Gestational trophoblastic disease (GTD) is a group of conditions related to pregnancy that develop within a woman’s uterus (womb). The abnormal cells begin in the tissue, which would usually be the placenta.
A woman’s body prepares for pregnancy after birth by covering the newly fertilized egg or embryo with a layer of cells called the trophoblast. It helps to implant the embryo onto the uterine wall itself. In GTD, the trophoblast cells are undergoing abnormal changes that enable tumors to grow.
During these types of pregnancies, a baby may or may not develop. Read on to know the signs and symptoms of GTD.
Signs and Symptoms
Tell your doctor about any unusual signs you encounter during pregnancy. Your doctor may suspect you have GTD based on a standard set of signs and symptoms.
Nearly all women with complete hydatidiform moles experience frequent vaginal bleeding during pregnancy. With partial moles, it occurs much less frequently. Bleeding usually begins during the first trimester of pregnancy (13 weeks).
Women with GTD often pass through blood clots or watery brown vaginal discharge. More often, parts of the mole that resemble a grape cluster get dislodged from the uterus and released through the vagina.
This bleeding also prompts the doctor to prescribe an ultrasound that can help diagnose a molar pregnancy.
In a complete molar pregnancy, the uterus and abdomen (belly) may get bigger faster than they do in a healthy pregnancy.
Abnormal uterine enlargement happens in around 1 out of 4 women with complete moles but only in women with partial moles. Also, this may not be seen early in pregnancy and can be seen in the second trimester more frequently.
HCG, a tumor-made hormone, may cause the formation of fluid-filled cysts (called theca lutein cysts) in the ovaries, which may be large and may also lead to abdominal swelling.
During a typical pregnancy, many women experience nausea and vomiting. However, with GTD, the vomiting may be more frequent and more intense than usual.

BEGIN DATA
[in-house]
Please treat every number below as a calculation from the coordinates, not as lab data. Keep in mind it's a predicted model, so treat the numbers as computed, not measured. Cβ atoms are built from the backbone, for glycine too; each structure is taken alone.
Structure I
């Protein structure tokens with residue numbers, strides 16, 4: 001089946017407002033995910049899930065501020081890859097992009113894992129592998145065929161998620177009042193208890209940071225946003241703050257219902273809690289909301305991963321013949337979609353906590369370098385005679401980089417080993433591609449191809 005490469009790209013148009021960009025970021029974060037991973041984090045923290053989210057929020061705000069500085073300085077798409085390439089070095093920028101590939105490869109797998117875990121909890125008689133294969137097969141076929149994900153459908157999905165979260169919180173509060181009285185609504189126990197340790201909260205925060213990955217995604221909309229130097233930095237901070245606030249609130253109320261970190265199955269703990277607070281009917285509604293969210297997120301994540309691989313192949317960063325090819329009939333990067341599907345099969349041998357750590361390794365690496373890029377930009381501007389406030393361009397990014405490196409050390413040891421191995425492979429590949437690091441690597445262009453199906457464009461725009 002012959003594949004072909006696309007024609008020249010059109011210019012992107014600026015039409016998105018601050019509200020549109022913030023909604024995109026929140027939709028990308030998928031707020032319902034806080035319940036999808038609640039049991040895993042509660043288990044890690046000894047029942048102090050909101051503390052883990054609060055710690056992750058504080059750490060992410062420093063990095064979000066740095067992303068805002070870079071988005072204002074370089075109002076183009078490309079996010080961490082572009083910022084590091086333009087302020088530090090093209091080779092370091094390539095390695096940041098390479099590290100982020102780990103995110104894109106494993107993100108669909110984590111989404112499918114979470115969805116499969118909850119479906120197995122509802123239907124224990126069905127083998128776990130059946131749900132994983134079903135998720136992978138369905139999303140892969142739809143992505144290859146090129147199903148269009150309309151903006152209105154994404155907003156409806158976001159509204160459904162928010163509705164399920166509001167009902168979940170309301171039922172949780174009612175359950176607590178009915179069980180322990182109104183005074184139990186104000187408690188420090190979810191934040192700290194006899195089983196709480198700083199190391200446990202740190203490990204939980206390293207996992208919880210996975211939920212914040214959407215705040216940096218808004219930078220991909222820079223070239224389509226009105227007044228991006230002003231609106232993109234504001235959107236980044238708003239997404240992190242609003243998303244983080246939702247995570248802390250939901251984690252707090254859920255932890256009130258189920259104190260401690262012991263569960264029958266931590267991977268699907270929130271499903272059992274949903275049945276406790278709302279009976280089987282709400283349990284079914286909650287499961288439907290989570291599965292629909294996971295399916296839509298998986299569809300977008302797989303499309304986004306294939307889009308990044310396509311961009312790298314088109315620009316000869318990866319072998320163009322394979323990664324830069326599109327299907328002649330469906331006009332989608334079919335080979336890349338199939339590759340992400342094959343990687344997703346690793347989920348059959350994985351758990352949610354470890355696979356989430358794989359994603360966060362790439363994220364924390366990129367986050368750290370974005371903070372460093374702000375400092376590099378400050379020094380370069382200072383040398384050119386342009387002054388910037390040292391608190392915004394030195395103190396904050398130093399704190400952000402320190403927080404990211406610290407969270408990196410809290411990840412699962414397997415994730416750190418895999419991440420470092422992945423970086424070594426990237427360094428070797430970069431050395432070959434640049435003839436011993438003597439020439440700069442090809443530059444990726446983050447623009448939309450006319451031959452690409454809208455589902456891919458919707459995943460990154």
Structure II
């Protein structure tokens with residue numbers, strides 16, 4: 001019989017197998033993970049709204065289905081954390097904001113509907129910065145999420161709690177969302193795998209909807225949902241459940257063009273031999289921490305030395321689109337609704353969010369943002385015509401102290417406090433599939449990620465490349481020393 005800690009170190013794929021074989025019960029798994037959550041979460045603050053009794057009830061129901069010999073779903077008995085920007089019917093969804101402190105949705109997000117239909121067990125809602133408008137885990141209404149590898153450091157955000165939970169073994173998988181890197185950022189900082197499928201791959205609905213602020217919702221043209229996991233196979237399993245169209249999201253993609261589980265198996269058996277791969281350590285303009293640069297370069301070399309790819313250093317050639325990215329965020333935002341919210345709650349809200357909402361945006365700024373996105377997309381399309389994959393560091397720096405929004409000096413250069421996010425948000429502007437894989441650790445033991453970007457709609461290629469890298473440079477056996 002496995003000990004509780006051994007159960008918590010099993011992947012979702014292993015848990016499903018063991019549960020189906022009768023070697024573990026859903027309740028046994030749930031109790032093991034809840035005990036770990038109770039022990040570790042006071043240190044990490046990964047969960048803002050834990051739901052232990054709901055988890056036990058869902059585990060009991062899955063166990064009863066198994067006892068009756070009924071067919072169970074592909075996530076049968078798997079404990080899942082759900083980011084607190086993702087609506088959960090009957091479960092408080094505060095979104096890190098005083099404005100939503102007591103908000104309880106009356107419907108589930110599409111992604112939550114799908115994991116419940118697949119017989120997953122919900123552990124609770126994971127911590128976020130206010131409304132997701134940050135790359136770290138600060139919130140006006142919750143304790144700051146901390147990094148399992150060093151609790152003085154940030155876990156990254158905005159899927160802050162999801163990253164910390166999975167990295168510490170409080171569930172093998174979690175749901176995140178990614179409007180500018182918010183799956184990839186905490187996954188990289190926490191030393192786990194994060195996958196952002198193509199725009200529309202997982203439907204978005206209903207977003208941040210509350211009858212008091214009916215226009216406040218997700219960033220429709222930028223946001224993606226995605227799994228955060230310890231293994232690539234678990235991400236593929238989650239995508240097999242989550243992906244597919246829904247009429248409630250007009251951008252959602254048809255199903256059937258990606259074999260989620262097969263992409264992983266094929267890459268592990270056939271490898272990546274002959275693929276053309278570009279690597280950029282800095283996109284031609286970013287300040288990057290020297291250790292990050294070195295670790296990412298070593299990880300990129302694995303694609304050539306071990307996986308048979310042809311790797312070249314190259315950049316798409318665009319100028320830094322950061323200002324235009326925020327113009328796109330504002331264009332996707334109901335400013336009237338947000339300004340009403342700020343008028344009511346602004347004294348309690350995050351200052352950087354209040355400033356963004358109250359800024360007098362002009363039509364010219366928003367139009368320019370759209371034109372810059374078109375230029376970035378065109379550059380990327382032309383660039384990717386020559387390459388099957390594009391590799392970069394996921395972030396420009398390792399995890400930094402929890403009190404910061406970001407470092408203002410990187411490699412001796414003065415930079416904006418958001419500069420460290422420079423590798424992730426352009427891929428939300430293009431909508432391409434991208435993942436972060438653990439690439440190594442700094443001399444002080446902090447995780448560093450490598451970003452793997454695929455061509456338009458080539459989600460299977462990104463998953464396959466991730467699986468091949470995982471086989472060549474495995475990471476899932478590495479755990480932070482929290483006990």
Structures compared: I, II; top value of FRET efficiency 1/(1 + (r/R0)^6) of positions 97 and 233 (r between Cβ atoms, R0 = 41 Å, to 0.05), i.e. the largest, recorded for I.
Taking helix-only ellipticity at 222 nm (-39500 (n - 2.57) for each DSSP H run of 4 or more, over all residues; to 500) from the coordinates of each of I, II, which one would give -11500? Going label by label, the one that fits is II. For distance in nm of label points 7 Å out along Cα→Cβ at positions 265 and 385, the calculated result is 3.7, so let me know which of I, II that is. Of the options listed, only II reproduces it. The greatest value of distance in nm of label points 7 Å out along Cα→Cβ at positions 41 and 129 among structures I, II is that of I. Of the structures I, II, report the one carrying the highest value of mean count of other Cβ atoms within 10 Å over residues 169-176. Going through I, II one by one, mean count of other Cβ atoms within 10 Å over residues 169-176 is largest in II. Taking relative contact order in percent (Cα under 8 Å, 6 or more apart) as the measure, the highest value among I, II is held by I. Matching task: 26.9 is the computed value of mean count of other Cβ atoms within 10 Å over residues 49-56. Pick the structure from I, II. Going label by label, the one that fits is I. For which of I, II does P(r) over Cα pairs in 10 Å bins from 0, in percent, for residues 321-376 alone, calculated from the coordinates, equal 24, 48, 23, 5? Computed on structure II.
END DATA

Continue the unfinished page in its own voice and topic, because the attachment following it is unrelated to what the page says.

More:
Most signs associated with complete moles, such as excessive vomiting or an overactive thyroid gland, seldom happen with partial moles, if ever.
Pain and Mass in the Pelvic Area
Some of the tumor cells may die in larger tumors, creating an environment where bacteria can develop. It can develop an infection that can cause vaginal discharge, pelvic cramps, and fever.
These tumors can also spread to the vagina at times, causing vaginal bleeding or pus-like discharge. During a pelvic exam, the doctor can also find a cancerous growth on the vagina.
Pre-eclampsia (toxemia pregnancy) can happen as a risk of normal pregnancy (generally in the third trimester). It can be a sign of full molar pregnancy when it arrives earlier in pregnancy (like during the first or early second trimester).
It can cause conditions such as high blood pressure, headache, abnormal reflexes, swelling in the hands or feet, and excessive leakage of protein in the urine. It affects a small percentage of women with complete moles but is unusual in women with partial moles.
Many of GTD’s signs and symptoms may also be related to other conditions. The symptoms enumerated above are also associated with many other conditions relating to gynecology and pregnancy.
But, if you have any of these, it’s vital to see the doctor right away so that, if possible, the cause can be identified and handled. GTD diagnosis requires checking the medical history and taking a general physical examination. Your health during pregnancy should always be monitored.